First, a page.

In The Life You’ve Always Wanted, John Ortberg encourages his readers to reflect on the nature of Christianity and the ability of belief in God to facilitate positive change and growth, revealing why and how transformation occurs. The book is unique for the modern outlook on a traditional spiritual path and related disciplines and talks about more than merely being a good Christian. Ortberg creates a roadmap for reaching true transformation beginning not with the individual expected to complete the path but rather with the one marking the journey’s end, Jesus Christ. The approach that the author takes speaks volumes of his perspective on life and belief.
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Ortberg suggests that to finish a race of transformation, it is imperative not to try harder but rather be consistent in encountering and practicing spiritual disciplines. Such practice is expected to strengthen one’s endurance that is imperative for completing the road of personal growth. Along the way, those who are on the path of transformation will pass essential signposts that allow them to deepen their belief, such as peace, kindness, joy, respect, and many others. Such an approach toward spiritual development and transformation presents religion in a way that is inviting positive perceptions and reflections on one’s life and the path that is being taken. Instead of presenting religion and belief as a practice of following a set of rules and restrictions, Ortberg looks at the flip side of the coin, showing his audience that spiritual improvement is far more fruitful and impactful on the lives of people.
The accessibility of the narrative and how the author presents the information is the greatest strength of the book. Because of this, the target audience for The Life You’ve Always Wanted is vast, with personal reflections and humorous anecdotes being understandable and digestible among readers of different educational backgrounds. The author intentionally and carefully avoids legalism while also underlining the importance of the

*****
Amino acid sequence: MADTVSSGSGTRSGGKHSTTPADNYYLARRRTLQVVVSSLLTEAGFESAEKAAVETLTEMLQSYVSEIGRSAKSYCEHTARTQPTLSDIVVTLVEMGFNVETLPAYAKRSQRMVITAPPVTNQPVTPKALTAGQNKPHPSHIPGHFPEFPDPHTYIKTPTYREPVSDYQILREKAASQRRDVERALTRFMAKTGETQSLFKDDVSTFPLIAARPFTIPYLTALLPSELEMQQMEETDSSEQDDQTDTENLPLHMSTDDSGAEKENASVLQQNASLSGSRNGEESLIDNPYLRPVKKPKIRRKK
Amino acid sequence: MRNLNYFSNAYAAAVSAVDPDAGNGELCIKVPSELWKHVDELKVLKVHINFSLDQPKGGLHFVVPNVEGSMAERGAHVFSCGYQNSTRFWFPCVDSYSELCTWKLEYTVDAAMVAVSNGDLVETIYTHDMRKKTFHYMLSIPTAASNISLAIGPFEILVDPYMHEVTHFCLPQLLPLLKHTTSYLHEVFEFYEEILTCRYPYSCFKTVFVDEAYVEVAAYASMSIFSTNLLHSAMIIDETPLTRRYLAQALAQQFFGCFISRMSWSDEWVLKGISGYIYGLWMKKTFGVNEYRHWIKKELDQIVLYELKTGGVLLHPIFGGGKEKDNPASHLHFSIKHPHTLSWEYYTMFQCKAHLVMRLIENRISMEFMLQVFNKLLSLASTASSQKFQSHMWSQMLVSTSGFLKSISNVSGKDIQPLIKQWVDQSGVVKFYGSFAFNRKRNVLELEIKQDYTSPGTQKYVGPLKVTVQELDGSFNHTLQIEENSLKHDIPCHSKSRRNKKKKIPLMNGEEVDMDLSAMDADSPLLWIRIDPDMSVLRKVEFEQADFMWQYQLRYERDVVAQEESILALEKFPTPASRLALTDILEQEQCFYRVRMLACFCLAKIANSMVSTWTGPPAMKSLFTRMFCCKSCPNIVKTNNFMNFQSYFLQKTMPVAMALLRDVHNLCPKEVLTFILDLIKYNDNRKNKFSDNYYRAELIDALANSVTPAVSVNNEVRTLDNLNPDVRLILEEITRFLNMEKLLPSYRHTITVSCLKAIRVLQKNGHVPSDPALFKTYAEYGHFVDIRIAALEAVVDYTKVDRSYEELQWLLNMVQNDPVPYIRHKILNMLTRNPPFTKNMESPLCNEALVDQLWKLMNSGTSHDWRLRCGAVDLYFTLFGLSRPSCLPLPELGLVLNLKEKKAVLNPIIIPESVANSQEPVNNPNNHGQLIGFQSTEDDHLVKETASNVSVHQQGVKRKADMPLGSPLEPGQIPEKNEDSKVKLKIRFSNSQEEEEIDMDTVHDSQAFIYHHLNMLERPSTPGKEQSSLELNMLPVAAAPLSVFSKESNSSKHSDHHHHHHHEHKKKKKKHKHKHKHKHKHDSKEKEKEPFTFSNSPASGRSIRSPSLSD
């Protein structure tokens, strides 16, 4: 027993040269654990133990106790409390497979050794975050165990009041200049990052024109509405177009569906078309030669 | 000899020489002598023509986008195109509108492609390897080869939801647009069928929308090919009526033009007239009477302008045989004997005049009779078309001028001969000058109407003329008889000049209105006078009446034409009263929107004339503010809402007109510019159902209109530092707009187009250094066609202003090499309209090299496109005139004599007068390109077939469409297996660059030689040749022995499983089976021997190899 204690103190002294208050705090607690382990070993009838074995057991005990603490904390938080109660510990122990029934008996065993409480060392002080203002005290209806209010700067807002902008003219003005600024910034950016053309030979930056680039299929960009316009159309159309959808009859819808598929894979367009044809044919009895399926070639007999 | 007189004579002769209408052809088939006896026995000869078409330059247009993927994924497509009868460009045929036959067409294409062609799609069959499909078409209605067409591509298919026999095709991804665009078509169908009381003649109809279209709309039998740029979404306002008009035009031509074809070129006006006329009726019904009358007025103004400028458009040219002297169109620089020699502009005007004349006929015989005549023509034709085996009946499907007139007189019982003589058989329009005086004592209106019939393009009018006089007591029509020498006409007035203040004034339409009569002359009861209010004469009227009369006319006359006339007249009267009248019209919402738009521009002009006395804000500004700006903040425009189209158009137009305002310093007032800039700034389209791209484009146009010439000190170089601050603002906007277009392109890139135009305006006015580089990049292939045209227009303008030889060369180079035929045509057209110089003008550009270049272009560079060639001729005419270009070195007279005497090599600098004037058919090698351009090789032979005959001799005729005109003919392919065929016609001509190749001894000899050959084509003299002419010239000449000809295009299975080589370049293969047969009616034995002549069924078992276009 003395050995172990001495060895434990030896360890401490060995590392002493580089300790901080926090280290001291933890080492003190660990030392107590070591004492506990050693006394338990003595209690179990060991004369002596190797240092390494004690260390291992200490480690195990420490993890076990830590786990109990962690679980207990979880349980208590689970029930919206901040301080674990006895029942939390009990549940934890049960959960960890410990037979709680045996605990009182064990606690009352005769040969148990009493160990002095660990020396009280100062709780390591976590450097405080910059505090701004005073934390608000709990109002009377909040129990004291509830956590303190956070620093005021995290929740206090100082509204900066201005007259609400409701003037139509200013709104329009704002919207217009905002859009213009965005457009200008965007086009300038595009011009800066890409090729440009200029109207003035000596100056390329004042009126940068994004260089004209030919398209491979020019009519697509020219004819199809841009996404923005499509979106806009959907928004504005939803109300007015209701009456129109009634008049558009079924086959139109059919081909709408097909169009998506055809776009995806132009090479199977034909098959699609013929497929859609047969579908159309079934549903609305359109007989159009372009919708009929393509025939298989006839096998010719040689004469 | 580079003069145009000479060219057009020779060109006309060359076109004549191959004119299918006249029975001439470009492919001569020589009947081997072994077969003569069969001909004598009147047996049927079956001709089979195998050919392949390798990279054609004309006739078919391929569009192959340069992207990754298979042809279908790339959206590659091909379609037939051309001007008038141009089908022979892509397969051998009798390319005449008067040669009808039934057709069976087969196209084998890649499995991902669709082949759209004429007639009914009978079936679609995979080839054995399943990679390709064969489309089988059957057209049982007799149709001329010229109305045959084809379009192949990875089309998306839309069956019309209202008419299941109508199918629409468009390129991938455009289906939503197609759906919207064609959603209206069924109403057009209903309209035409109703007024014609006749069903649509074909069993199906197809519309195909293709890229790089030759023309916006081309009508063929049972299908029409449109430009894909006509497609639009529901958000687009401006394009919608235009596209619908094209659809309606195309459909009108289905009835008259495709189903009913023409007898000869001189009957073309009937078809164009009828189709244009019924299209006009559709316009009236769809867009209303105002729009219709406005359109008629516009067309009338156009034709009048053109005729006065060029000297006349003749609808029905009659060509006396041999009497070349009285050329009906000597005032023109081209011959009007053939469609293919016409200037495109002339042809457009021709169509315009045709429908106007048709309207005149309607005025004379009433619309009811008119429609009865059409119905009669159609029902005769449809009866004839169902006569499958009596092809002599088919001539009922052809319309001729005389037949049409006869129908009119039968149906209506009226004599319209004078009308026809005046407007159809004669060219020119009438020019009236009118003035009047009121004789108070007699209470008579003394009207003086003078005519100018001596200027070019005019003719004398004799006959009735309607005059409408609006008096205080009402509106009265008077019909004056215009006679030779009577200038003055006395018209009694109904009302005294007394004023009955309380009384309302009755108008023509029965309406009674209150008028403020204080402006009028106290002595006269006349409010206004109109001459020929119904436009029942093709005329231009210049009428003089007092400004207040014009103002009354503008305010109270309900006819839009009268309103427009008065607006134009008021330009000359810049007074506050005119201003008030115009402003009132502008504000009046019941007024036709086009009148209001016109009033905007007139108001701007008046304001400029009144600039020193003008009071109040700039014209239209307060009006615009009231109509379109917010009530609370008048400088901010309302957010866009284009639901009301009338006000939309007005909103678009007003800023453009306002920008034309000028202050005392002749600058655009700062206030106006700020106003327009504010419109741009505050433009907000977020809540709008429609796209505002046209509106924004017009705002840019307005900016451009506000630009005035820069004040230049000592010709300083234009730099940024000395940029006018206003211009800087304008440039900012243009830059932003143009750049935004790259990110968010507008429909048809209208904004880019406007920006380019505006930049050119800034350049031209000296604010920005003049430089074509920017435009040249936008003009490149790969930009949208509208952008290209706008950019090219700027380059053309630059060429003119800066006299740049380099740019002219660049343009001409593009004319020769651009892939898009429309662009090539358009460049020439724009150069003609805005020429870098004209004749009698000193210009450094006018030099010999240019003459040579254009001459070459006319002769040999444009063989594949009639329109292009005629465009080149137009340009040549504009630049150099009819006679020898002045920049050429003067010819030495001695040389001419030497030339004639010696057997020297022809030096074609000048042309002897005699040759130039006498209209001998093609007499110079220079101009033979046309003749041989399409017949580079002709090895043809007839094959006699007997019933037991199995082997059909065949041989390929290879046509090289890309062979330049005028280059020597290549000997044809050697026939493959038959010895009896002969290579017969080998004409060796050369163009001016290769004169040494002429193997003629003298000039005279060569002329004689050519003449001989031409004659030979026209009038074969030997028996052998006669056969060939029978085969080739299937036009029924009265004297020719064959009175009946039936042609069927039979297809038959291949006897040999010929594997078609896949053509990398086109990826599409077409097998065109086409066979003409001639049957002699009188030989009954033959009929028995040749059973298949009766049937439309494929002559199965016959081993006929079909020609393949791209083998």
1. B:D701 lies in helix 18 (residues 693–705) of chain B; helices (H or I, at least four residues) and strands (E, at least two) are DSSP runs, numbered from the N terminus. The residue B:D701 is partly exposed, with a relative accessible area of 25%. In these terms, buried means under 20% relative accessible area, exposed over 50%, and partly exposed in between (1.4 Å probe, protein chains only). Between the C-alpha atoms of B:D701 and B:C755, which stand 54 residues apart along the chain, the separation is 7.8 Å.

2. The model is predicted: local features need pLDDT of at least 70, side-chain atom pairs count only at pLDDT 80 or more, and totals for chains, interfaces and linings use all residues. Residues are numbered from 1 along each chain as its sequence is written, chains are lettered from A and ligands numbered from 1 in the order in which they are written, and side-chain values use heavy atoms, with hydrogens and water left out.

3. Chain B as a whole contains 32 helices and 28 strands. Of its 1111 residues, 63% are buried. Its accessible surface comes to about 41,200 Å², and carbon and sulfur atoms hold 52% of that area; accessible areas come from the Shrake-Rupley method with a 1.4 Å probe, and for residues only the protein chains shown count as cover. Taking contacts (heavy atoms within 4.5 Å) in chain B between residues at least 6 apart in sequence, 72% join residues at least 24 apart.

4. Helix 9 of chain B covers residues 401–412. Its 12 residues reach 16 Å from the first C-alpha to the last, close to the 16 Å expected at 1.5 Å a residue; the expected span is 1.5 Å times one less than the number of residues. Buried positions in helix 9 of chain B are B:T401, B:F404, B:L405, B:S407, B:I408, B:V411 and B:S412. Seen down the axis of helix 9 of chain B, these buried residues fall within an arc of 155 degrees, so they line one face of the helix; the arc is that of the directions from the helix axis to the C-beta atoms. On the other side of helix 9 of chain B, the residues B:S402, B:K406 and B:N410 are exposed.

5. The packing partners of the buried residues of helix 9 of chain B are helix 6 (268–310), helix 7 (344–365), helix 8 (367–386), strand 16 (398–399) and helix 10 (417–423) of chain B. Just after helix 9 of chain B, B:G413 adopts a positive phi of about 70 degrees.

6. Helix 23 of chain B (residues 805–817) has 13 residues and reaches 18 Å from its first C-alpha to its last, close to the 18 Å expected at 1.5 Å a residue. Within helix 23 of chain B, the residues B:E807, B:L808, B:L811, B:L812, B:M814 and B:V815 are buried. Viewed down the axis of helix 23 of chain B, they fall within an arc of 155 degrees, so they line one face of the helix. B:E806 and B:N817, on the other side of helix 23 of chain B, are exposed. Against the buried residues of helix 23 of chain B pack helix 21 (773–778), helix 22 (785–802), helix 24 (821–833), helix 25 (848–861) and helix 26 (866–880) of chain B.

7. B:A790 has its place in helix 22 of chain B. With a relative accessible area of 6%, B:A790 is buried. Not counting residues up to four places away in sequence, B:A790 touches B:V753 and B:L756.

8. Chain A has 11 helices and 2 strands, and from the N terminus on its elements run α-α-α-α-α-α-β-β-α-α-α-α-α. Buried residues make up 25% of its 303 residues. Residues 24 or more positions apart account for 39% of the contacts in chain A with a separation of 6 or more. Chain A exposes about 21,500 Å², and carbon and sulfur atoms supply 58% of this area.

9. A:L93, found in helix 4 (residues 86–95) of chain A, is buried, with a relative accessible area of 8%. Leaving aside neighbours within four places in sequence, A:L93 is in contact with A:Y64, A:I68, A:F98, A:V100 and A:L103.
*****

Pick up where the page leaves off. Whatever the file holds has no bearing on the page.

disciplines that he discusses. The most persuasive argument against legalism in the book is the statement that if spiritual growth can occur “without the practice of particular spiritual disciplines, then we should by all means skip them” (Ortberg 45). Therefore, the author encourages his audience to only engage in practices that will lift and improve them spiritually. Such practices may include servanthood, prayer, confession, joy, and others that will enrich the lives of people and encourage them to become more open to life through belief and spiritual enrichment.
The book is imperative for communicating the goal of transformation within spiritual life, with transformation being defined as the inward and real formation of the essential nature of human beings. The importance of the author’s message is that all of the spiritual disciplines are not indicators of people’s spiritual growth. Rather, the disciplines will provide essential training that would, in the end, enhance the ability of individuals to love. In my view, the author does a great job of showing that spiritual transformation is something that should be close and personal to every person, and there should not be any overt demonstrations of one’s beliefs and practices. The book is valuable for individuals on the path toward spiritual transformation for reaching the life that is worth living, life on the edge that would fill the ordinary world with new meanings, change, hope, and joy.
Ortberg, John. The Life You’ve Always Wanted: Spiritual Disciplines for Ordinary People. Walker Large Print Books, 2006.